Roth: Lowe, Media Shops Profitable in ’08

NEW YORK Interpublic Group CEO Michael Roth told attendees at the 35th annual UBS Global Media Conference here today that both agency network Lowe and media agencies Initiative and Universal McCann are expected to be fully profitable in 2008.

However, he also reiterated that IPG’s profit-margin goal for 2008 is being revised downward to between 8.5 percent and 9 percent.

The previously stated target was a “double-digit” profit margin by next year. “We’re still shooting for that,” Roth said of the double-digit figure, even though the official guidance is lower. And he noted that the revised estimate still represents significant improvement over the past couple of years when margins have been in the mid-single-digit range.

Lowe has been unprofitable and has undergone an extensive revamping over the last two years. The media shops have also been retooled during the same period, as new managers have refined their offerings. Roth said media was “partly profitable” this year, although he wouldn’t elaborate on which parts.

When asked about speculation regarding another possible reorganization of its media units, Roth said it was not the case—Universal McCann will remain aligned with McCann World Group and Initiative will remain aligned with Draft/FCB. “We like the results we have achieved” under that structure, put in place a little more than a year ago, he said. He did confirm that UM worldwide CEO Nick Brien was leading a media task force examining operating efficiencies.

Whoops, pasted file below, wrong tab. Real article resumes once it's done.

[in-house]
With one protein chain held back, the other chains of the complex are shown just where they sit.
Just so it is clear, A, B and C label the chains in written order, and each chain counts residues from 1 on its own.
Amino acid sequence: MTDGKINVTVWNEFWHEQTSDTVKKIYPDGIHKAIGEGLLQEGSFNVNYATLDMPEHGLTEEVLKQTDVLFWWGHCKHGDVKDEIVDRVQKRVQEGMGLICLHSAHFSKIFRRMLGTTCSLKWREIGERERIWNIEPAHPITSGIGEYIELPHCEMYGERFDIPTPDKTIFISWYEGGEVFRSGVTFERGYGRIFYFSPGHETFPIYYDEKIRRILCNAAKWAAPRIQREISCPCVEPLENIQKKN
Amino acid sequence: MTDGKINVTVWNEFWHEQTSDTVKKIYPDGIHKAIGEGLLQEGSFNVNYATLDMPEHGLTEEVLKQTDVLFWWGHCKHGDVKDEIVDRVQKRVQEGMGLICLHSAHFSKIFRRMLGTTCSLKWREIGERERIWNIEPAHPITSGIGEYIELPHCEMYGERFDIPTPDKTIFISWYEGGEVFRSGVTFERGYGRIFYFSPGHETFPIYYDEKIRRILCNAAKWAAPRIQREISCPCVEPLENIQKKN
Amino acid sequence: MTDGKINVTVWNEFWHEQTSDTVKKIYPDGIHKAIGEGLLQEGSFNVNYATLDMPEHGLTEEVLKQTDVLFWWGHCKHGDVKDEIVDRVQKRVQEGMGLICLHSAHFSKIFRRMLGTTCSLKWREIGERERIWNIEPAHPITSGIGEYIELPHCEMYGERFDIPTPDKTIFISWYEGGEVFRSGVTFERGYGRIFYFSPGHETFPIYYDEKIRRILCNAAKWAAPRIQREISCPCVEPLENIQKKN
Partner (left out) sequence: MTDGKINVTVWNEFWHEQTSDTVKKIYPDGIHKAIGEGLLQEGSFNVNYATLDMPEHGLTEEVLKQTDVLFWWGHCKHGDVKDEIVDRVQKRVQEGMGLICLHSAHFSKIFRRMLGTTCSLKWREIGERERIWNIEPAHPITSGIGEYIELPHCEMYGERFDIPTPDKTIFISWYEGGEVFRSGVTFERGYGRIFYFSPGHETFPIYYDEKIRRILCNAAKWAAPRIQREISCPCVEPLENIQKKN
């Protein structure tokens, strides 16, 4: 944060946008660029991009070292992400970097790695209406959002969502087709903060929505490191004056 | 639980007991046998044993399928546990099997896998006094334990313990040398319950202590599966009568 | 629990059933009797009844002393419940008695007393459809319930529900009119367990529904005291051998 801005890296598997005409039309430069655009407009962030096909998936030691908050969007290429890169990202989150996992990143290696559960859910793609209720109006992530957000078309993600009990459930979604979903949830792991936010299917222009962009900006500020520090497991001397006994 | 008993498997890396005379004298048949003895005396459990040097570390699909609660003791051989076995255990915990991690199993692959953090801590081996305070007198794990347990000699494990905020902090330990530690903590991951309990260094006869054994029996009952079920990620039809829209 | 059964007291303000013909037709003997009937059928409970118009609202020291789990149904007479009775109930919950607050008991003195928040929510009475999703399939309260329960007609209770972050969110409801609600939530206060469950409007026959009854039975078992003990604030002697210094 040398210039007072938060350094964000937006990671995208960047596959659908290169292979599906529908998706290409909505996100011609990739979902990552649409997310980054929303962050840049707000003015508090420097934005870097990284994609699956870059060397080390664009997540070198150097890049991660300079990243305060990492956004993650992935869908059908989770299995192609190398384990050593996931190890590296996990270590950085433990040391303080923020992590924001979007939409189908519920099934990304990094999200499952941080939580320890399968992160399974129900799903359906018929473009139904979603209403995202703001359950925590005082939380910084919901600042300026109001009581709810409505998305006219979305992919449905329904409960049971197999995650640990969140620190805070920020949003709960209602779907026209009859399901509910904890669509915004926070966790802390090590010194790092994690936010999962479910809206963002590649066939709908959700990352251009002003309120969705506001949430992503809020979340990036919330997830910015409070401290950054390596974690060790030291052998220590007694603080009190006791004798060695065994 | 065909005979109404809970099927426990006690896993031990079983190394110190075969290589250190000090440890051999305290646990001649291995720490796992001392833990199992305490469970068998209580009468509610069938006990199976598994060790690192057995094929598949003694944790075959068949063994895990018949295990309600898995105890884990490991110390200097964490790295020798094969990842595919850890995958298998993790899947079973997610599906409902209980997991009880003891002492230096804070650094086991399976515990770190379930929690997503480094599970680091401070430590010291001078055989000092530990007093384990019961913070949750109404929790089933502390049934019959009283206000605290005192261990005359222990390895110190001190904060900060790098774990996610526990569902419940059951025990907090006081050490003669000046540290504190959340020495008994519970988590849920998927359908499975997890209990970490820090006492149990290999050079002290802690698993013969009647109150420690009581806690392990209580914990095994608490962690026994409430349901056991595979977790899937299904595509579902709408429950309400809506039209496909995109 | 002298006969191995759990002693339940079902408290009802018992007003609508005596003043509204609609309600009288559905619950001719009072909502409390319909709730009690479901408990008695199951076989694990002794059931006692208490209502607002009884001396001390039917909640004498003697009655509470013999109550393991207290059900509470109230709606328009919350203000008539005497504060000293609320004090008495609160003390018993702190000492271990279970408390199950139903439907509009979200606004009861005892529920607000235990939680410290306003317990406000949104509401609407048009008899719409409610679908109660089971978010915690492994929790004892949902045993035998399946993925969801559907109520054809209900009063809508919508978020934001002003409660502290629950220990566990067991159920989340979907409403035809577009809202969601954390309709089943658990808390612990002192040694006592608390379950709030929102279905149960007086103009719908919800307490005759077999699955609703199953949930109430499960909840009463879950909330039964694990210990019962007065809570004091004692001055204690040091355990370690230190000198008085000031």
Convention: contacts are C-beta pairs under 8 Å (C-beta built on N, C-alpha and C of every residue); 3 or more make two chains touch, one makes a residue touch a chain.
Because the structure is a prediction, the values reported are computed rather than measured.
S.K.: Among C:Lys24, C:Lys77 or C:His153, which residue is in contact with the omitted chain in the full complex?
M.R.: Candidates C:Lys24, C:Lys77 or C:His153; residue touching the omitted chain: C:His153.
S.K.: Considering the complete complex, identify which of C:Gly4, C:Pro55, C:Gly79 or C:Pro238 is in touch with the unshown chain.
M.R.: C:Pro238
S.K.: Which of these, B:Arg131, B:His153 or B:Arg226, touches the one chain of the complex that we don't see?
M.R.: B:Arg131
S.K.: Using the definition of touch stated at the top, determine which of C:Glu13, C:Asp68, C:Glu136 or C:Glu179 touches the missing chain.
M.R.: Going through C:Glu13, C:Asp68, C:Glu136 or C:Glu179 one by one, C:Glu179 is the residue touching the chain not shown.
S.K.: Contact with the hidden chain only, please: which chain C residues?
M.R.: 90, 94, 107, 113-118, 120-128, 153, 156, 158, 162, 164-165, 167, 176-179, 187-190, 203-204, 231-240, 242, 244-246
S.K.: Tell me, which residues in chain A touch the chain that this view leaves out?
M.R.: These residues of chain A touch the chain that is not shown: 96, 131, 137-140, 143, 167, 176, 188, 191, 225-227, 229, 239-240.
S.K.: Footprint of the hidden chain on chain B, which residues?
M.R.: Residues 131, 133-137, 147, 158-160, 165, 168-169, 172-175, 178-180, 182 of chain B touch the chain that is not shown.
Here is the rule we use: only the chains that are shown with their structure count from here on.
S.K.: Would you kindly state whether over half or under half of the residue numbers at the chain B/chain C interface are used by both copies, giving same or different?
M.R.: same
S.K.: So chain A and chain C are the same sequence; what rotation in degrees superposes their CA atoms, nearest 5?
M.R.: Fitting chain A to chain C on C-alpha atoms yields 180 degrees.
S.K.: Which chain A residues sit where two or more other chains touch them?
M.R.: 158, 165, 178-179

One area the company will focus on more broadly in its effort to achieve margin targets is personnel costs, said Roth. IPG has about 43,000 employees worldwide, who account for about 62 percent of the company’s total costs. The goal is to reduce that figure to less than 60 percent of total costs. In follow-up questioning, Roth insisted IPG was not necessarily considering layoffs to reach that percentage, but instead was looking at being more efficient. A key focus will be on the head count of “non-revenue supporting roles.”

Roth also indicated that with less than 30 days left in the year, IPG was “on track” to be in compliance with Sarbanes Oxley by the end of the 2007. “Nothing is indicating that we are not going to be able to do that,” he said. Concerning the related Securities and Exchange Commission investigation into the company’s financial practices, he said, “It is my hope” that it will be resolved by early 2008. “There is nothing in our court that remains to be delivered” in terms of requests for information from the SEC, he said. “And there are no new issues.”

As to whether concerns about a possible recession are valid, “that remains to be seen,” said Roth. But so far, he said, the only market where the company has seen client pullbacks is Japan.

Roth said IPG would continue to make investments overseas, particularly outside the U.S. and Western Europe, regions that account for more than 80 percent of the company’s revenues. He referenced China where IPG has a presence. “China is a huge market and we need to do a better job of investing resources there,” he said.

Regarding the just-announced decision by Dell to award its $4.5 billion global marketing account to WPP—IPG was the other finalist—Roth was philosophical. “It was great to be in the finals,” he said. He added that one of the knocks against IPG is that it can’t compete globally against the other holding companies. But being a finalist in Dell, he said, “shows the vitality of our offering and our ability to compete on a worldwide basis.”